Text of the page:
‘We are at war’: Turkish helicopter ‘downed’ amid Afrin operation, 2 soldiers dead

FILE PHOTO: A Turkish military helicopter takes of from a military base near Cukurca © Reuters
A Turkish military chopper was downed amid the country’s Olive Branch operation in northern Syria, President Recep Tayyip Erdogan said. Two soldiers were killed in the incident.

“One of our helicopters was downed just recently,” Erdogan said as he spoke to a member of the ruling Justice and Development Party (AKP) in Istanbul. “These things will happen, we are in a war,” the president said, adding that even though Turkey “might lose a helicopter,” the perpetrators of the attack will “pay a heavy price.”

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Turkish President Recep Tayyip Erdogan arrives to NATO Summit in Brussels, Belgium, May 25, 2017. © Christian Hartmann

The president also said the Turkish Armed Forces “destroyed many missile depots” of the Kurdish militias they are battling in the Afrin region.Turkish Prime Minister Binali Yildirim later told journalists that two soldiers were killed in the crash. However, he said that the cause of the incident is still unclear.

“We don’t have exact evidence or document to determine that it went down with any outside interference,” Yildirim told reporters on Saturday, as cited by AP. A representative of the Kurdish militias said that the chopper was shot down by Kurdish fighters over an area located northwest of Afrin, as reported by AP.

The Turkish Armed Forces also confirmed the incident and the deaths, saying that the helicopter had “crashed.” It is also unclear where the incident took place. Yildirim said that it occurred in Syria’s northern Afrin province. However, Anadolu Agency earlier reported that the helicopter crashed in the southern Turkish province of Hatay.

The Turkish General Staff also said on Saturday that the armed forces “destroyed” 36 targets and “neutralized” 79 militants in the airstrikes carried out in the Afrin region overnight.The Turkish Operation Olive Branch in the Afrin region in northern Syria entered its fourth week on Saturday. The campaign followed Ankara’s promises to “strangle” the new Border Security Force (BSF) in Syria.

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Turkish army tanks gather close to the Syrian border on January 21, 2018 at Hassa, in Hatay province © Bulent Kilic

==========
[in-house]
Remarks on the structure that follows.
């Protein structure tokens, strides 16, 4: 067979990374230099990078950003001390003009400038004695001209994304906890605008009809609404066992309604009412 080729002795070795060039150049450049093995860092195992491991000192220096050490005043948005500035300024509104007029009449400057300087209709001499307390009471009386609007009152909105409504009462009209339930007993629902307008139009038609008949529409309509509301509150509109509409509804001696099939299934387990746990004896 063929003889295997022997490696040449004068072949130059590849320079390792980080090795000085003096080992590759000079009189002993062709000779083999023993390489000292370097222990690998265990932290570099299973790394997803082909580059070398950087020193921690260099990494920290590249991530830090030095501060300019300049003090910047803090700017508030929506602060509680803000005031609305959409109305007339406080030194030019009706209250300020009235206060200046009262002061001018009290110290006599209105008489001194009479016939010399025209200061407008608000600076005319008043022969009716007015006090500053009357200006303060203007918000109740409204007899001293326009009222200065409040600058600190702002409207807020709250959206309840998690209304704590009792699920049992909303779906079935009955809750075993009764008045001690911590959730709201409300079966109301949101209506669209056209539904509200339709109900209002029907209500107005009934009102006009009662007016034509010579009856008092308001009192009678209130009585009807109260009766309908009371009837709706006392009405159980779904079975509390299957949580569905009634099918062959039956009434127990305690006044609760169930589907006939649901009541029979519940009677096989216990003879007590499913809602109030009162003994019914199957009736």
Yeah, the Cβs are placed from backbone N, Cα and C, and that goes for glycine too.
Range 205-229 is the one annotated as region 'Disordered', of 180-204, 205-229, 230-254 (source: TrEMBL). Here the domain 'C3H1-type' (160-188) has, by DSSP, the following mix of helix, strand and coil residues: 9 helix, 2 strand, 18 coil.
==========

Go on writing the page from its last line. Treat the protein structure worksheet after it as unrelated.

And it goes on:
Earlier in January, the US-led coalition announced that it would help create the 30,000-strong BSF, half of which would be made up of the Kurdish Syrian Democratic Forces (SDF) alliance. Ankara was angered by the fact that the main force behind the SDF is the Kurdish People’s Protection units (YPG), linked to the Kurdistan Workers’ Party (PKK). The latter is designated as a terrorist group by Turkey.

Erdogan has recently stated that once the Afrin operation is over, Turkey’s next target could be Idlib.“We want our Syrian brothers and sisters to return to their land, and now we want to do the same in Idlib what we have done in Afrin,” he said on Thursday.

As the operation in northern Syria continues, Turkey, a NATO member since 1952, now seems to be straining the patience of its allies. During the first week of the campaign, Germany froze all decisions on supplying weapons to Ankara, including upgrades to the German-made Leopard tanks currently used by Turkey.

Earlier this week, the French president and foreign minister warned Ankara against the invasion and accused it of “adding war to war” – albeit in interviews, not official statements. Ankara’s operation in Afrin has also caused serious tensions with its major ally, the US. Washington later said it would cease providing military aid to the Kurds. The US’ arming of the Kurdish Forces – especially the YPG – has been repeatedly slammed by Turkey.

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